Anna-Maria Maak, pianist

Who or what inspired you to take up the piano, and pursue a career in music?

My family background wasn’t musical but had a strong cultural awareness.It is therefore not surprising that I discovered music from an early age and it became the best means of expressing my feelings and worries. This relationship was so intense that I felt more and more that if I didn’t make music, I would be taking the wrong path. That was and is of course still a magnetism that I cannot resist. Later there was an extraordinary guide who gave me convincing encouragement: the pianist Prof. Volkmar Lehmann.

Who or what have been the most important influences on your musical life and career?

There were some interesting personalities who had a major impact on my development as a pianist, such as Prof. Gregor Weichert, with whom I studied for seven years. But for more than two decades, my perception has been intensively expanded not only musically but also artistically through my close collaboration with the Venezuelan-born composer and guitarist Sef Albertz, with whom I have worked on a great variety of creative projects in which we are united by the desire to find and create beauty in the broadest sense of the word!

(Anna-Maria Maak plays Sef Albertz’s Ludovicus and the Allegories of the Sea: Part I)

What have been the greatest challenges of your career so far?

First and foremost, the decision to become a professional musician and to go this way. It is always a challenge to return to music when everyday life tries to teach you that so-called “real life” is not exactly interested in beauty. The challenge is to prove the opposite every time, sometimes even to myself.

Which performance/recordings are you most proud of?

World premieres have a special place and the performance of a new work is an extremely attractive artistic challenge for me. I had wonderful opportunities to do a significant number of them: in March 2019 I played the world premiere of Krzysztof Penderecki’s first solo piano music. In 2016 I premiered Sef Albertz’s piano concerto with the MDR Sinfonierorchester, but also the German première of the Brazilian Marlos Nobre “Concertante do imaginário” in the Gewandhaus, Leipzig, are milestones for me in this regard. Additionally, remembering the reactions of the audience makes me feel a sense of pride in these performances.

I can also say that the recordings for my current album ‘In the Secret of the World’ (September 17th, 2021), the continuation of my last 2018 production ‘Resplendences around Bach’, with the powerful and life-affirming music by Sef Albertz, have me very inspired and I am deeply proud to have created such a conceptual work together with Sef.

Which particular works do you think you play best?

I would say that I have a natural affinity for certain romantic music, like that of Schumann and Liszt. I feel very comfortable conveying the musical language of Scriabin or Janáček, which remind me of my own Slavic roots. And, of course, I take great pleasure in performing repertoire from Latin America and Spain, as I feel very connected to the music of Sef Albertz, which has enriched my perception and passion for music and the artistic phenomenon in general.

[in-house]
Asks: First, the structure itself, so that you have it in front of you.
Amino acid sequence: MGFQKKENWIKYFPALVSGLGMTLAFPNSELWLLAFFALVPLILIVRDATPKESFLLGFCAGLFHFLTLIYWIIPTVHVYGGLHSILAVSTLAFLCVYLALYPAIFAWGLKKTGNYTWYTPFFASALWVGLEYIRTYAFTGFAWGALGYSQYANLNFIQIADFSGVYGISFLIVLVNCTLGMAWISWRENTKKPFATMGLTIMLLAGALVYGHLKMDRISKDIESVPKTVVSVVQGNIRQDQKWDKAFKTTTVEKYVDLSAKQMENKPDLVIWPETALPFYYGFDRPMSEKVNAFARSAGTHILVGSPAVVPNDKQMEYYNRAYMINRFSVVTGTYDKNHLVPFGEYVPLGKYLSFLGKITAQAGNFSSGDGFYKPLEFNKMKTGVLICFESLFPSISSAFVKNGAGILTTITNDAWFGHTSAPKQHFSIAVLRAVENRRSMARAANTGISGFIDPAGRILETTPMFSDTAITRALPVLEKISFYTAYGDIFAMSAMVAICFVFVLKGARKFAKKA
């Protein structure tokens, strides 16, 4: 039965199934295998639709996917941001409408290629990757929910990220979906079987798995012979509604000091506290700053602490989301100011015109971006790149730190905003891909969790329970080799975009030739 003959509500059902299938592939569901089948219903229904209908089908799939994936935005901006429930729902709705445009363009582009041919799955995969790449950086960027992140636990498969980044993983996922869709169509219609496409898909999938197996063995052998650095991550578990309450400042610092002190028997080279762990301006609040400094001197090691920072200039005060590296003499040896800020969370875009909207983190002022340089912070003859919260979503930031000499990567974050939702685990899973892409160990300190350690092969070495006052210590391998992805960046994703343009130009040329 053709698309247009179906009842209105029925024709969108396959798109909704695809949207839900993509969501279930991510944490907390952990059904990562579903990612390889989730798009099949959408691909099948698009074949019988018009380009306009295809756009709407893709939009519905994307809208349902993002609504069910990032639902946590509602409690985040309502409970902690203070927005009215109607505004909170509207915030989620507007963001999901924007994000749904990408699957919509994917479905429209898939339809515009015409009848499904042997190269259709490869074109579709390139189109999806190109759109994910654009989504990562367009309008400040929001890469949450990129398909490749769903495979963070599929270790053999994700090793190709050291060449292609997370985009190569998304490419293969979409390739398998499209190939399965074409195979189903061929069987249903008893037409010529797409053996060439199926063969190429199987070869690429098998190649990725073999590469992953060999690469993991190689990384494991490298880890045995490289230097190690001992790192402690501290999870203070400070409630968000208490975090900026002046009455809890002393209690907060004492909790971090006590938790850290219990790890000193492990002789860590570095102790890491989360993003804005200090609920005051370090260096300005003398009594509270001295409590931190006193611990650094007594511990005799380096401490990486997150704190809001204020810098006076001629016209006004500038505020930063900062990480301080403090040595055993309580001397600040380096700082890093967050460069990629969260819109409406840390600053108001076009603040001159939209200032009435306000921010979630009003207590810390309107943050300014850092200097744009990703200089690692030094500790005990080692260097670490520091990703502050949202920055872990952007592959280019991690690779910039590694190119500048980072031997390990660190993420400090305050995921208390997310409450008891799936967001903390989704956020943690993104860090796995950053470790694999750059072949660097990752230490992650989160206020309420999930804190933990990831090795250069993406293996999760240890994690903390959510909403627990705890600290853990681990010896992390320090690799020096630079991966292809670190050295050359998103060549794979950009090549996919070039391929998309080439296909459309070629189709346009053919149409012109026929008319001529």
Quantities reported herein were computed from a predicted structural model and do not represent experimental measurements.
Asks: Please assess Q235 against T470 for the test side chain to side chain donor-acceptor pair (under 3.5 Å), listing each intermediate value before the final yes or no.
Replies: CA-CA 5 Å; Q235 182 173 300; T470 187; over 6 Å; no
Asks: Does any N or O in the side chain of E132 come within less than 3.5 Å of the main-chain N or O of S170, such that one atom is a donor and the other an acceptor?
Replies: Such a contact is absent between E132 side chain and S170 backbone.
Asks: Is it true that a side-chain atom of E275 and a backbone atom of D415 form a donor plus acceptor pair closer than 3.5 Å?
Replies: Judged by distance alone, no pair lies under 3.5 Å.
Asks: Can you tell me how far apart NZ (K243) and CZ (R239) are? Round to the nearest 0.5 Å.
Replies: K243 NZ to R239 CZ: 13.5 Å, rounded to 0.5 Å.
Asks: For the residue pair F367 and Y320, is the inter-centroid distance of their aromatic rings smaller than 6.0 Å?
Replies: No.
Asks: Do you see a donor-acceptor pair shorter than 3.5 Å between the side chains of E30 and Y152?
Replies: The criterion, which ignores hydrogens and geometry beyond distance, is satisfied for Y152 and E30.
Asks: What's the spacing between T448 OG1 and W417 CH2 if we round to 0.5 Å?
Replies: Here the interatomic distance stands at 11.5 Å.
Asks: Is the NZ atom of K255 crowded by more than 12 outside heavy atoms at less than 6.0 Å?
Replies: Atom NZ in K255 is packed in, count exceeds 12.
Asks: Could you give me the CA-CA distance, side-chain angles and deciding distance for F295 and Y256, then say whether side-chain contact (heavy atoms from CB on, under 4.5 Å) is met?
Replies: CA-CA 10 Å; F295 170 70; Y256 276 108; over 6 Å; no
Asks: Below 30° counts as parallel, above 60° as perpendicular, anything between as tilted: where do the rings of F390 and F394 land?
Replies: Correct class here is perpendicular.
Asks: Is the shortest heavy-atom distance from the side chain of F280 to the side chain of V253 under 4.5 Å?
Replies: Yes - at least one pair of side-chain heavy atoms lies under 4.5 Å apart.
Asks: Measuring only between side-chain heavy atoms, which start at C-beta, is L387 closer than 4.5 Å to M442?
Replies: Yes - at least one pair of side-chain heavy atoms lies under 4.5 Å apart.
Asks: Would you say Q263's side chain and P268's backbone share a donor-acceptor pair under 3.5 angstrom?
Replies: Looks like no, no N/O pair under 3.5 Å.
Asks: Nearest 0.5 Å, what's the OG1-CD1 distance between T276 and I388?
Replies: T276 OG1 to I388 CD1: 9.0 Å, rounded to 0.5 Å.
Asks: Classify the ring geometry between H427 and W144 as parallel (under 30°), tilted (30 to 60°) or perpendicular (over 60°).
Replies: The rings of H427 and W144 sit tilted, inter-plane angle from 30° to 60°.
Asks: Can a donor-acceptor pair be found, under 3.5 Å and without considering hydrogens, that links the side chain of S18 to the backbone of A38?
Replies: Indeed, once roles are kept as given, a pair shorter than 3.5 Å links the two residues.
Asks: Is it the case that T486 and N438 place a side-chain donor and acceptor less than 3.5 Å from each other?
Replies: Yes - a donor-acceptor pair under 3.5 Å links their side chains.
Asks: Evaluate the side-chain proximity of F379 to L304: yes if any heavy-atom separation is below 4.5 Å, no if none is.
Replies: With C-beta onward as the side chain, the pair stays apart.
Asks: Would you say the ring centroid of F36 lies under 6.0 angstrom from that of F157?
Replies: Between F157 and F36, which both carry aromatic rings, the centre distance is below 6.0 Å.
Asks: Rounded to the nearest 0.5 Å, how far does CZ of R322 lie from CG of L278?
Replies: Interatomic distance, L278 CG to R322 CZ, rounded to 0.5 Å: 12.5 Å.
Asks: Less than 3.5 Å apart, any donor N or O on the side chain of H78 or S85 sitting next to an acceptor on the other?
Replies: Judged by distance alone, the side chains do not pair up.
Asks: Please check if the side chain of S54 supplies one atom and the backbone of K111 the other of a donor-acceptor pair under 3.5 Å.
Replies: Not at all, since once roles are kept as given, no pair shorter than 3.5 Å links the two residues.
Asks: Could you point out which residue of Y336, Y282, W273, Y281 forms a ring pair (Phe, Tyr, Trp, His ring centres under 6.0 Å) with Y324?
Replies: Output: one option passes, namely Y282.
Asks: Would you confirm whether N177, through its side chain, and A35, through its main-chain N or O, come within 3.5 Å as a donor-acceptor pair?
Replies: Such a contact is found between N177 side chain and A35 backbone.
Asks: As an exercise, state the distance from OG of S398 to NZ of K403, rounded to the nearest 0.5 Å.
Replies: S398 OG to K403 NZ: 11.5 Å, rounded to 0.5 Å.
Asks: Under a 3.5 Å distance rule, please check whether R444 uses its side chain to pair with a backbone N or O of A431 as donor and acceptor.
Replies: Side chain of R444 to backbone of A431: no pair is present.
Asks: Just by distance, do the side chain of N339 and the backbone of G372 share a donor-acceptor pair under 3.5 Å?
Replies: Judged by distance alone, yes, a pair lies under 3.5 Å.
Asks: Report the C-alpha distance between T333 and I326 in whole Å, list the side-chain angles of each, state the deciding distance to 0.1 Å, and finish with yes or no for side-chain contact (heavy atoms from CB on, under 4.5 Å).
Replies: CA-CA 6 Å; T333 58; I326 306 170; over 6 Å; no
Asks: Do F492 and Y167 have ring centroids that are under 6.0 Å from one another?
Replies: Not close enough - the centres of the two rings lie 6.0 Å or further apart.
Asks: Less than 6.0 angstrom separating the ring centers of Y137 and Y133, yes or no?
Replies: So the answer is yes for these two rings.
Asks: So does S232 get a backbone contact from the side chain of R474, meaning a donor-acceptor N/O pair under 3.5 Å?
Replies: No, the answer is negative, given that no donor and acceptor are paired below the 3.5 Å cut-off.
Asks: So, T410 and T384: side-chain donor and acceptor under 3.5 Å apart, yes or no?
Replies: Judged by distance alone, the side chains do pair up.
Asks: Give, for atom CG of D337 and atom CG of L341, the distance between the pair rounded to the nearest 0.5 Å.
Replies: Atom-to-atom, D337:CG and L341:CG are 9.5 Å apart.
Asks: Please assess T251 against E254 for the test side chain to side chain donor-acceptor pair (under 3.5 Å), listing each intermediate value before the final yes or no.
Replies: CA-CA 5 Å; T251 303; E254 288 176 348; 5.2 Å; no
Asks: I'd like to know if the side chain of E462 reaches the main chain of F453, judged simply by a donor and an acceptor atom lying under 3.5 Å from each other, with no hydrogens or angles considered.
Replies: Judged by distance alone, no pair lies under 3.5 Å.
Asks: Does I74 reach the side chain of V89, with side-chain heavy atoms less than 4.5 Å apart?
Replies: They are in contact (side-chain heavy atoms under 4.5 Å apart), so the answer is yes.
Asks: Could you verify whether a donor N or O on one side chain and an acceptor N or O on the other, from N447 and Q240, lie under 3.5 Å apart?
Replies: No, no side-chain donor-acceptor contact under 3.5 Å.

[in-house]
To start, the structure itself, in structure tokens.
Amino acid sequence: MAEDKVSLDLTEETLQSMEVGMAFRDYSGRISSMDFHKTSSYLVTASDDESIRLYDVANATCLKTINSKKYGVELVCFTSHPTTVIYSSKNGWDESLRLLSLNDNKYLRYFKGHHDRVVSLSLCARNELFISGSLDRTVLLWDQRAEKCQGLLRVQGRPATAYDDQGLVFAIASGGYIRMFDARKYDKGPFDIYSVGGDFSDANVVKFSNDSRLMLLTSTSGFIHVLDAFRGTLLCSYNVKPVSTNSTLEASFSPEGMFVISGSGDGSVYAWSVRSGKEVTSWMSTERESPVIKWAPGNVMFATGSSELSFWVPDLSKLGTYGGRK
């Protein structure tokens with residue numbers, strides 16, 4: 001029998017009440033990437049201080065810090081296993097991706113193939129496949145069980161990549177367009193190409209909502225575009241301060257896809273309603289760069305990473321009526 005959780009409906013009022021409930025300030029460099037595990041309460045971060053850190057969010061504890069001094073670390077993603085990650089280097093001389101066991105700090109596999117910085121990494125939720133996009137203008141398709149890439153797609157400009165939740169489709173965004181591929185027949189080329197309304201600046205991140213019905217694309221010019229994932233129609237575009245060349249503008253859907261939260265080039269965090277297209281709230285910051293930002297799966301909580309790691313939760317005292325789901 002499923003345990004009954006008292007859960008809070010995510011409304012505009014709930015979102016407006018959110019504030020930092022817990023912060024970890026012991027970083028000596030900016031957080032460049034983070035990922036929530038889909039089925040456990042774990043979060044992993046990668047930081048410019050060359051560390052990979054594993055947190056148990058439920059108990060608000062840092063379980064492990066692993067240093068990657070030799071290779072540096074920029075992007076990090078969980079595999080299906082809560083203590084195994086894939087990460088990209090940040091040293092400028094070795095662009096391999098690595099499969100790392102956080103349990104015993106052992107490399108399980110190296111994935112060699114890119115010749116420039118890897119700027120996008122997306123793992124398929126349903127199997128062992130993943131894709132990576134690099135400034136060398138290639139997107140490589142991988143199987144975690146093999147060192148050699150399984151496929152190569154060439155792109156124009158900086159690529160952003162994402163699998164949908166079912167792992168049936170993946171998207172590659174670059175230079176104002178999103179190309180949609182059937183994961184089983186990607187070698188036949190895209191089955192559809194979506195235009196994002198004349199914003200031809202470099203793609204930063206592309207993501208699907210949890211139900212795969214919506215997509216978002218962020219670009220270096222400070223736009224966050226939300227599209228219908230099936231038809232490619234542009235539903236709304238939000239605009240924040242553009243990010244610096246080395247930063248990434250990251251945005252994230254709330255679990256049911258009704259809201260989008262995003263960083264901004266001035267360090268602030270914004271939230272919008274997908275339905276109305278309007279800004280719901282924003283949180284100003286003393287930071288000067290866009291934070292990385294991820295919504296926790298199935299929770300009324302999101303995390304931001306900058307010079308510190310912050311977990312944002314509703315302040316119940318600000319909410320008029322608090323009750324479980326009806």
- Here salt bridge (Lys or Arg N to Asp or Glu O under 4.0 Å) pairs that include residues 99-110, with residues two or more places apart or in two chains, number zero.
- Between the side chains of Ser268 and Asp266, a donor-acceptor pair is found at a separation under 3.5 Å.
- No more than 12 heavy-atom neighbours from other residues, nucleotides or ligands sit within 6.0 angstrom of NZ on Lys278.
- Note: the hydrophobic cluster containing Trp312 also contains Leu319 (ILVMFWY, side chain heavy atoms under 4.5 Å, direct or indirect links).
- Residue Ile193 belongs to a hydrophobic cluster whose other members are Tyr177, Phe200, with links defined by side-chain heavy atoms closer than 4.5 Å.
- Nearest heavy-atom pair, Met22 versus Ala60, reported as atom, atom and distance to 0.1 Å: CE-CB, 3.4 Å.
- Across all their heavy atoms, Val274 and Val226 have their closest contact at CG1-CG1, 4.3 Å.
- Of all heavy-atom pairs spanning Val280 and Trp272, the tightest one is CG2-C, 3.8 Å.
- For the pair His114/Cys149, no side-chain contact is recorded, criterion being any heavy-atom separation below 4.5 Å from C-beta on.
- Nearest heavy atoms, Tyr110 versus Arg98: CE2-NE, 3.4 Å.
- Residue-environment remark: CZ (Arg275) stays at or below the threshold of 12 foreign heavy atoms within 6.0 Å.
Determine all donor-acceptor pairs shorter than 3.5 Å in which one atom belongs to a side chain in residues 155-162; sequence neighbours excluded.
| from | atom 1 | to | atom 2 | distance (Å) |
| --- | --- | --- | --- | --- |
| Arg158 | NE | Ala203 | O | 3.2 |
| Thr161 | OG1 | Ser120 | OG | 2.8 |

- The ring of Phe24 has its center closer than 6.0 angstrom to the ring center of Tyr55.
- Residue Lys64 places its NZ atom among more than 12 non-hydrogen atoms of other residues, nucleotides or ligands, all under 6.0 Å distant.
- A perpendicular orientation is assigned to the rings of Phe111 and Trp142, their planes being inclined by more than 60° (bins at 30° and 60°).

How do you make your repertoire choices from season to season?

Designing a programme is always a particularly exciting creative process, almost a kind of compositional work that is part of my desire to break away from cultural or programmatic clichés. The curiosity to look for and find unexpected musical connections is great. It’s about connecting the music of different centuries with the multi-cultural work that Sef created under the inspiration of our artistic collaboration, which is always a very living process that certainly has parallels to our personal life experiences. This is how the great conceptual work came about, which arose from the albums ‘Resplendences around Bach’ and ‘In the Secret of the World’. An ambitious project that, based on the musical world of Johann Sebastian Bach, develops an artistic kaleidoscope in which, in addition to the influences of Beethoven, Brahms, Schumann and Penderecki – his first solo piano music is presented in a world premiere! Ibero-American culture, pop and electronic music find their organic place. In this way, the artistic-creative discourse is transformed into a cosmopolitan vision.

Do you have a favourite concert venue to perform in and why?

Absolutely not! If the acoustic situation is interesting, I mean not too dry, at best not open air and the piano is in good condition, then I’m really happy because we as pianists often have a problem with that. I love to take a few hours to tune in not only to the instrument, but also to the location. If not, I’m busy trying to find the instinctive knowledge and feeling for the hall I’m sitting in and can’t use that feeling from the start. When it is there, I can fully concentrate on taking the audience with me, which is the main goal, no matter where I play!

Who are your favourite musicians?